i. If the board’s action causes a loss to the corporation, the directors are not liable if they acted in good faith, had a rational basis for the decision, and were reasonably informed (BJR)
ii. Directors will be liable for irrational or grossly negligent acts
directors: duty of care - misfeasance
operation and control of corp:

A director owes the corporation a duty of loyalty. This means that he must act in good faith and in a manner he reasonably believes to be in the corporation’s best interest”
directors: duty of loyalty
operation and control of corp:

i. A breach of the duty of loyalty is inferred whenever a director (or his business or close relative) obtains any personal benefit at the corporation’s expense
ii. The deal between the corporation and the interested director is invalid (and the ID is liable for damages) unless:
1. The deal is fair to the corporation; or
2. His interest is disclosed and the deal is approved by a majority of disinterested directors or SHs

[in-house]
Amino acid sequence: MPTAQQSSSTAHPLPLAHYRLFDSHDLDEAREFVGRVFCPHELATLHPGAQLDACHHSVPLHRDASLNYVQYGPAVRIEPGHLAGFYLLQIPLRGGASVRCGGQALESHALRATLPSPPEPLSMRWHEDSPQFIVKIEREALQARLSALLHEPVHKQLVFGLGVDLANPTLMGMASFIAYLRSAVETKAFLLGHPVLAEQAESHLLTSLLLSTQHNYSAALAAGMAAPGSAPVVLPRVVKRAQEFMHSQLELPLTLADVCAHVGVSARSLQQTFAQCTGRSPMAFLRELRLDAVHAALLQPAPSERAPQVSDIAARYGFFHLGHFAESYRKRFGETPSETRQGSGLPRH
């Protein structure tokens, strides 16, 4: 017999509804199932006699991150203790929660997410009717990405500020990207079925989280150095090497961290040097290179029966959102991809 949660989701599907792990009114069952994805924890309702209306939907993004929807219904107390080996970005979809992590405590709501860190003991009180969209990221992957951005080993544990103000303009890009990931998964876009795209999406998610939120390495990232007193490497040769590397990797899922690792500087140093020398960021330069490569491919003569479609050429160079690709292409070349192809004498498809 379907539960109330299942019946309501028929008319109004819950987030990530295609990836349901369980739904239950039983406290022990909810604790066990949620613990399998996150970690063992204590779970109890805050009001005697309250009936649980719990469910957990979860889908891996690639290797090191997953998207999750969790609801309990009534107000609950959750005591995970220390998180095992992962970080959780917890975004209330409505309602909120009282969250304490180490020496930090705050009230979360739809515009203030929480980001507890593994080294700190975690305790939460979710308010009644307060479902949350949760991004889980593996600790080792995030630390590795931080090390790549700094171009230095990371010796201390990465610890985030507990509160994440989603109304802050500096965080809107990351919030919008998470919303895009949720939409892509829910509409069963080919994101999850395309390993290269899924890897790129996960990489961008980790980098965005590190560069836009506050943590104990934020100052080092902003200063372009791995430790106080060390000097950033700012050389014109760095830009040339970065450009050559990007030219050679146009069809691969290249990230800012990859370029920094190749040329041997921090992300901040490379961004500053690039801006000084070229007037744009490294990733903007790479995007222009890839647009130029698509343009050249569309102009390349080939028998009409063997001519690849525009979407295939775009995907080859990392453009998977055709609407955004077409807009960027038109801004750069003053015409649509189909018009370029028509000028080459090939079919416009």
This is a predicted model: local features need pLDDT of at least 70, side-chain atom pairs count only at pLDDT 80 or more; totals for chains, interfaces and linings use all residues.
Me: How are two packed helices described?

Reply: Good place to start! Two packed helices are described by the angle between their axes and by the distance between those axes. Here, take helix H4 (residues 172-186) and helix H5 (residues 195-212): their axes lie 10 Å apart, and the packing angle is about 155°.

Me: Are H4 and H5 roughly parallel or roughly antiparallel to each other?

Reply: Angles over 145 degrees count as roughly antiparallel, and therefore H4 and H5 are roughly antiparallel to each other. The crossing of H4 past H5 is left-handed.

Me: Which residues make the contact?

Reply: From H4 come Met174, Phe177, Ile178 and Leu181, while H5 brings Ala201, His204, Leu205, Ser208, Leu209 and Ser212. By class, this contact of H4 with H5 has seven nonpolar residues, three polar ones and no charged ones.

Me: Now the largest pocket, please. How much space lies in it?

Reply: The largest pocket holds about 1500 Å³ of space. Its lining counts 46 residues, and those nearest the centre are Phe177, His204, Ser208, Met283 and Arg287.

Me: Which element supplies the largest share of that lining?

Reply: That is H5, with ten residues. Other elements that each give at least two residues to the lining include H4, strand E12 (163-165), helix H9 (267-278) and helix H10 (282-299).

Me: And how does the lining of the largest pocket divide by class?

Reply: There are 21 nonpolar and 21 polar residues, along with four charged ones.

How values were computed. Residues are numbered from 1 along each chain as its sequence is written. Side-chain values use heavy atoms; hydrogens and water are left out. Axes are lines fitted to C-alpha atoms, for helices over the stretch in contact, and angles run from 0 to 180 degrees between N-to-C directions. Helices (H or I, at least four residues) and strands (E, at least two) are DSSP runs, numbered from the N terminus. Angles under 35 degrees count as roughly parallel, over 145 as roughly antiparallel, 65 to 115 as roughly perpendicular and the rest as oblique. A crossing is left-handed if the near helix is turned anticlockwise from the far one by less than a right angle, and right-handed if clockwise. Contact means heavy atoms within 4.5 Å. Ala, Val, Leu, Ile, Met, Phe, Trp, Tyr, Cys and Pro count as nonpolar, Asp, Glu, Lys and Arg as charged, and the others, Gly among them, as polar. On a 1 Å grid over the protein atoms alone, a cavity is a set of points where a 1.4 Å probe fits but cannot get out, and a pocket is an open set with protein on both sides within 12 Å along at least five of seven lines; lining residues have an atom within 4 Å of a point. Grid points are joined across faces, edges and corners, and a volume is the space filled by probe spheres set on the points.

directors: duty of loyalty: self dealing
operation and control of corp:
1. Adequacy of consideration
2. Corporation’s need to enter into the transaction
3. Financial position of corporation
4. Available alternatives
directors duty of loyalty: self dealing - fairness factors
operation and control of corp:

i. A director may not usurp a corporate opportunity or expectancy
1. An opportunity that is necessary to the corporation
2. An opportunity the corporation would reasonably be interested in
3. An opportunity in the corporation’s line of business
ii. Before taking advantage of corporate opportunity, the director must:
1. Disclose it to the BOD; and
2. Give BOD the opportunity to accept or reject
iii. Remedies (if the director is found liable):
1. He will be liable to the corporation for any profits made; and
2. The corporation may impose a constructive trust
directors duty of loyalty: corporate opportuniy doctrine
operation and control of corp:

i. Director may engage in unrelated business, but if engaged in competing business, then it is considered a conflict of interest
ii. A constructive trust remedy may be imposed on profits, and damages may be awarded if director harmed the corporation
directors duty of loyalty: competing ventures